Reeds Spring Middle School recognized with national award for innovative architecture

Published: Jan. 26, 2018 at 4:13 PM CST
Email This Link
Share on Pinterest
Share on LinkedIn

The town of Reeds Spring has a reason to feel proud these days as their two year-old middle school has been honored with a national award by the American Institute of Architects for having the best interior architecture in the country.

And a financial news website named "Business Insider" called it one of the three most-beautiful schools in the world.

Designed by Dake Wells Architecture out of Springfield, the Reeds Spring Middle School certainly doesn't look like any traditional box school. It's actually three stories tall, but you can't tell from ground-level because it's built into the side of a hill.

"We feel like we're an innovative school," said principal Travis Kite.

It certainly is that. The jury that gave out the national award praised the way the school was blended into the Ozarks landscape.

Inside you're greeted by a large atrium with plenty of natural light bordered by a textured brick wall on one side and vertical wood slats on the other side that recall the trees sorrounding the school.

And parallel to the stairs are tiered seats that run down to the commons area.

"Students use them to sit and socialize before school," Kite explained. "Between classes it's kind of a gathering spot."

On the other side of the wooden beams are classrooms and lockers, although the lockers aren't used much since every student here is assigned their own laptop.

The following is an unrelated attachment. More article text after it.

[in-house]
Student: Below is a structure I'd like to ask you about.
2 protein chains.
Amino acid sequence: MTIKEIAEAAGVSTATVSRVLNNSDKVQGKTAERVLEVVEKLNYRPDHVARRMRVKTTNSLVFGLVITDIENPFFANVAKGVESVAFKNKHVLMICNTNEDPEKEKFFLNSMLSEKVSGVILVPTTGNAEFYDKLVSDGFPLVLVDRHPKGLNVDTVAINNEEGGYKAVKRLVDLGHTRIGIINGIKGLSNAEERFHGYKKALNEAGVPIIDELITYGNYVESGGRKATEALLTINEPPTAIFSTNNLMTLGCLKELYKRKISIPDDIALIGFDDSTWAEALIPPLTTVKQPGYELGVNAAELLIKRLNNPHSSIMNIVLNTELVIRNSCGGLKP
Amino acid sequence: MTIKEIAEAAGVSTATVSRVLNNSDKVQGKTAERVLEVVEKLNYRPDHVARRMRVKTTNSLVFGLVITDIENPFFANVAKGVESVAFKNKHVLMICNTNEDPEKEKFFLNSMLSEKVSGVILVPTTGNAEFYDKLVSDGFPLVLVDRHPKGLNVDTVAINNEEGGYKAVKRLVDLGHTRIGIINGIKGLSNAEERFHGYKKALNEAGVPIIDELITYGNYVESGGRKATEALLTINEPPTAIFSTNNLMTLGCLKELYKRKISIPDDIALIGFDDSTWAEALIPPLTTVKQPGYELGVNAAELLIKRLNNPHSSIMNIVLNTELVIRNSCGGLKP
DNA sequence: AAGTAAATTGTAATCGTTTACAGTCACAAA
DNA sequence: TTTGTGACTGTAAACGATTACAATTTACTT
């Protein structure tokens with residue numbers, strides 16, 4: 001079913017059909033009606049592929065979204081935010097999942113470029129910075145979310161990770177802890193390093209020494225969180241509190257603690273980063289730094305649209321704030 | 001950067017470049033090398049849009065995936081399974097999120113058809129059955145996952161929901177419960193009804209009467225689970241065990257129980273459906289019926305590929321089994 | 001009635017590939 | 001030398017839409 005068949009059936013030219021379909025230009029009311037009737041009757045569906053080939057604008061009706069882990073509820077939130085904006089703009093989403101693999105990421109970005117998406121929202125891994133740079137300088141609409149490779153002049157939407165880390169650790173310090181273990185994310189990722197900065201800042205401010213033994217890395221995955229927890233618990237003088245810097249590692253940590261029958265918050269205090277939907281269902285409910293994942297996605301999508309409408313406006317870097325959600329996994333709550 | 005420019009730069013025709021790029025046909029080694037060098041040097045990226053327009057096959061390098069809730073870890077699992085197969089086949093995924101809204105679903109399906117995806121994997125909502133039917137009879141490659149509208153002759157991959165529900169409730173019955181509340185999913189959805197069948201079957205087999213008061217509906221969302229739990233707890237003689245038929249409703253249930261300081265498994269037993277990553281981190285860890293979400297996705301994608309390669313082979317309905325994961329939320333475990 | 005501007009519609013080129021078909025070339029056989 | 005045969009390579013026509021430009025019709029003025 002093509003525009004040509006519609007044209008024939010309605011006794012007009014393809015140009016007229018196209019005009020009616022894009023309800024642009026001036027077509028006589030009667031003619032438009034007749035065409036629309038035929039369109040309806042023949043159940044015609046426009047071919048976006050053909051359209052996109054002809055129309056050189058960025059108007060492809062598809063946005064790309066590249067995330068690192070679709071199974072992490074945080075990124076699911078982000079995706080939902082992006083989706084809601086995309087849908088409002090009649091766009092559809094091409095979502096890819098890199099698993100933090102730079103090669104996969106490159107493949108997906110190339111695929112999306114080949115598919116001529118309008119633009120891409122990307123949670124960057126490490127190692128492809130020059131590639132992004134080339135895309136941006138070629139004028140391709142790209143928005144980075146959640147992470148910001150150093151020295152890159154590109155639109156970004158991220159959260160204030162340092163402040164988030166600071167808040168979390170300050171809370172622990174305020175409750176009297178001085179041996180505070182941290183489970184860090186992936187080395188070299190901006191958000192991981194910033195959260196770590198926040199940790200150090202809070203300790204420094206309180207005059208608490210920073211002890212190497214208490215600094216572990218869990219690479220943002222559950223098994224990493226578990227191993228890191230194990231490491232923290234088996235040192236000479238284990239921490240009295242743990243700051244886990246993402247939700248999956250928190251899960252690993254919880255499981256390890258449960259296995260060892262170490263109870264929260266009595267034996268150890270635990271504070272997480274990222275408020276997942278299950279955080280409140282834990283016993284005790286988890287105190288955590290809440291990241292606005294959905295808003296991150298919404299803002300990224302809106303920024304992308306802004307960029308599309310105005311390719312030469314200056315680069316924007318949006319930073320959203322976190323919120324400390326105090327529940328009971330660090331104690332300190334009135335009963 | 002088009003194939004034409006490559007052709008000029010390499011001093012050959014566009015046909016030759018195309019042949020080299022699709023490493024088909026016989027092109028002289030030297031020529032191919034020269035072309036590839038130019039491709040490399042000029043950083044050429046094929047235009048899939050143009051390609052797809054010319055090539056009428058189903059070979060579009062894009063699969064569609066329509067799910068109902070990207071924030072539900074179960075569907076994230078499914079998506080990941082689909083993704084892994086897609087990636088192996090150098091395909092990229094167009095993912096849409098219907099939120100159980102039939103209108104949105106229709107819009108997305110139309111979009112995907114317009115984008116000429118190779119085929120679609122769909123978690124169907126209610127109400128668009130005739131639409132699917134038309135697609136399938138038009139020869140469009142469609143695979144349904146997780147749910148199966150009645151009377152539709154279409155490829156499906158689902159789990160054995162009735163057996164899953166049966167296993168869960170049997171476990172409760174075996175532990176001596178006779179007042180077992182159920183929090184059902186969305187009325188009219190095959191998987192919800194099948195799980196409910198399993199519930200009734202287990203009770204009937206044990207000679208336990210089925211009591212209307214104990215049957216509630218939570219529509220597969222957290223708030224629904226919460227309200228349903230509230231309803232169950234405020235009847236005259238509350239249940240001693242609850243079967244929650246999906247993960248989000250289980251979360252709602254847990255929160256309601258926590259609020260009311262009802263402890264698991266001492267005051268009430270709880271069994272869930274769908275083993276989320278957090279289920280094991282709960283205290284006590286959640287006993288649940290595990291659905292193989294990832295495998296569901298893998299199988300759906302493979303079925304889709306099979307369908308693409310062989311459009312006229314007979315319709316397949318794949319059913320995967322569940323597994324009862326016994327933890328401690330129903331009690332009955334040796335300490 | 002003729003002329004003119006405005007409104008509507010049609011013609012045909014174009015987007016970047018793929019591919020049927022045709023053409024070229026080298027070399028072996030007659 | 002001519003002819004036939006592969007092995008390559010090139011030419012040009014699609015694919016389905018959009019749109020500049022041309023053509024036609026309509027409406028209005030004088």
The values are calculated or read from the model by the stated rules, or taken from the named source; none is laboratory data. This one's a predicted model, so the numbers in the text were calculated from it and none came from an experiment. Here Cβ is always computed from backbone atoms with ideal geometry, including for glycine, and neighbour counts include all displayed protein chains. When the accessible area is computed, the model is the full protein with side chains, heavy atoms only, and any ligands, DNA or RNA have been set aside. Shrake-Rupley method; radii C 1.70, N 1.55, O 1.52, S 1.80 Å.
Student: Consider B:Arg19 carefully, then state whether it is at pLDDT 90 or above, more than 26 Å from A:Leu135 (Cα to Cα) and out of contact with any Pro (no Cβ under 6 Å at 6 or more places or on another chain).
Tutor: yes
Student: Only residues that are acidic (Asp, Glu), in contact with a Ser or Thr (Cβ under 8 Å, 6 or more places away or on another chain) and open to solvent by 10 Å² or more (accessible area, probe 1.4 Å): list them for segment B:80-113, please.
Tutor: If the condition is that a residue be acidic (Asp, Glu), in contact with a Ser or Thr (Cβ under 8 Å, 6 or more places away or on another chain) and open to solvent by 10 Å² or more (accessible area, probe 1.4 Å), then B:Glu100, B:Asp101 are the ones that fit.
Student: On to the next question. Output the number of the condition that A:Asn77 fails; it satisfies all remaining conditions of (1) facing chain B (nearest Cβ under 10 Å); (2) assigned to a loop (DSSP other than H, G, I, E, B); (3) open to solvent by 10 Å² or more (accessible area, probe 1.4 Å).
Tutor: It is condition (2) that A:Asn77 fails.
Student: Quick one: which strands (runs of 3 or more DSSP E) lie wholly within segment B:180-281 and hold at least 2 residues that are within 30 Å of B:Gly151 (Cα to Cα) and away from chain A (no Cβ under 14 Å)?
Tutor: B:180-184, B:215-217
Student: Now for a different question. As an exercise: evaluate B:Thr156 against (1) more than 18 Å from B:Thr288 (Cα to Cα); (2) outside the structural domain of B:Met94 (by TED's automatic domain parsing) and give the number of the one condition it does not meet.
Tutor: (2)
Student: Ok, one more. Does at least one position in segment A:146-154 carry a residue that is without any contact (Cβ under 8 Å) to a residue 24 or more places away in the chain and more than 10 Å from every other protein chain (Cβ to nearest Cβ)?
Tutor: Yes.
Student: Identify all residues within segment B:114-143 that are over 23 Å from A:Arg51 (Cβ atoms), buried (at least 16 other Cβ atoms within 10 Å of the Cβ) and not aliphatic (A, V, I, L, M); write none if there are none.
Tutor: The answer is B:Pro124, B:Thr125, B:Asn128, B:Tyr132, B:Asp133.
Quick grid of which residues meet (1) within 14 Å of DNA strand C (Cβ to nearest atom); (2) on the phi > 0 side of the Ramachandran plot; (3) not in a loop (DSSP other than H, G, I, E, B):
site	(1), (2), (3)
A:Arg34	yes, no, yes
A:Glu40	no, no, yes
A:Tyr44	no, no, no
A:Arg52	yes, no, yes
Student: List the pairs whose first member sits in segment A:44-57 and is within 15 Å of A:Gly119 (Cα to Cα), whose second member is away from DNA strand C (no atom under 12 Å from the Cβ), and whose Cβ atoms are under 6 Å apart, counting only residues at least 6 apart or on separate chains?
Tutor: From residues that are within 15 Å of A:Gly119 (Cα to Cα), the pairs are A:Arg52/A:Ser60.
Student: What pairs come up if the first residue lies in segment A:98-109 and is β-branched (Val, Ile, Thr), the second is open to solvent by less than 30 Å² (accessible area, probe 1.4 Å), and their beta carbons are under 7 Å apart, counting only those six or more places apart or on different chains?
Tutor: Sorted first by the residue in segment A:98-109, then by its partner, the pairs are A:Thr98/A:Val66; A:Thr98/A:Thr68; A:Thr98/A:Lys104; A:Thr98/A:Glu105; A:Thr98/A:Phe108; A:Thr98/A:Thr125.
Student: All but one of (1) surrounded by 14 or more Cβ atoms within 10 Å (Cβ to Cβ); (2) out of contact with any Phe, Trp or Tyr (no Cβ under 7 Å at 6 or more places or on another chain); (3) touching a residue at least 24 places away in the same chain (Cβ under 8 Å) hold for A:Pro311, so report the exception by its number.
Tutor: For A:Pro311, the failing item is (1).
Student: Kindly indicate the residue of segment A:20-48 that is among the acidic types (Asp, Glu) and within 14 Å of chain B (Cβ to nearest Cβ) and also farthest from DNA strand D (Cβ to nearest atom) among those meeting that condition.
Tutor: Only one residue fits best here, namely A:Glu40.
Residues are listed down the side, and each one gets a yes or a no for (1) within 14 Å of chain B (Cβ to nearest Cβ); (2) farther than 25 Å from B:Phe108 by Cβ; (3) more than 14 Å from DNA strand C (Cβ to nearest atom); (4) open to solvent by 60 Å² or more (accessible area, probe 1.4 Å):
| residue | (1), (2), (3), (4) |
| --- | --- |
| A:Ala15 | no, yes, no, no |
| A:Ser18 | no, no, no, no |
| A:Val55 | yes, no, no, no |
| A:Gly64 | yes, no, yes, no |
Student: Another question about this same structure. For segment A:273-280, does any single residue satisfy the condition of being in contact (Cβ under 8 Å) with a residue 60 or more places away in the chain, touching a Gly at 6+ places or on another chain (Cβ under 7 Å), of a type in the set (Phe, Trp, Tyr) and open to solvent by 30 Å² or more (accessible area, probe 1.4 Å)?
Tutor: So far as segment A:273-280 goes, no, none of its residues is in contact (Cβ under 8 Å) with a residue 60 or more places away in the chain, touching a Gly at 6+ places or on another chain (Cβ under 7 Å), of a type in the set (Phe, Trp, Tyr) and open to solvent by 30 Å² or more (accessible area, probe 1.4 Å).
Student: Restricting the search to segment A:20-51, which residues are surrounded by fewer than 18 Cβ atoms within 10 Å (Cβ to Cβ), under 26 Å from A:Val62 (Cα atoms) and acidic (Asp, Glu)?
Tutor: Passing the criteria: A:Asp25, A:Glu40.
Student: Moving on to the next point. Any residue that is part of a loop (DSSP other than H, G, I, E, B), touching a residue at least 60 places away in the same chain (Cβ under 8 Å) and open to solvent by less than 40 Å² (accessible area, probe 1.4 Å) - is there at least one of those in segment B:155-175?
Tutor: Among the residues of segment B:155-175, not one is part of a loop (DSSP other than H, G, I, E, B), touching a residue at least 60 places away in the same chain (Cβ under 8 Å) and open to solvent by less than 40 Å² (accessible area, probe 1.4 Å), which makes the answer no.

And the classes are designed with movable glass walls so the students can spread out to work on different projects.

"The walls open up allowing students to come out, use the collaboration space. Small groups can come out and use it," Kite explained.

There are several of those so-called collaboration spaces throughout the school. Some with TV's, others with projection screens that come out of the ceiling. And there are outdoor classrooms as well.

The bottom floor where the kitchen and commons area is located is all underground. There you'll also find an 1,000-seat auditorium that any Branson music show would be proud to call home. And this along with the adjacent gym also serve as a safe room tornado shelter for the entire district. It's all located under this hill with that glass enclosure serving as an emergency entry. And the 480-foot-long retaining wall helps secure those safe rooms.

As you can tell, this school looks nothing like the high school next door or the old middle school either. And when the students traded this for this....

"My first reaction was WOW!" recalled student Jordan Shortt. "I actually couldn't say anything for the longest time. I was just so impressed with what this building was like."

"It's definitely when you're learning," added fellow student Austin Herzan. "It's just a lot easier to learn here."

Everywhere you look there's innovation. From the open ceiling with triangular panels that provide the best acoustics for the band room to a curriculum that includes a course in forensics.

"Probably the favorite class I've ever taken," Shortt said. "We got to lots of fun experiments like electro fibrosis which is DNA fingerprinting. We got to match the suspects and the victims DNA and see if it was suicide or a homicide."

That certainly wasn't a 7th grade course back in my day. But the times are a changin', just like the schools.

"We've had people come in and be in awe of a middle school that looks this way," Kite said. "And they did a great job of designing it and our community has supported it. And they have something they can be proud of."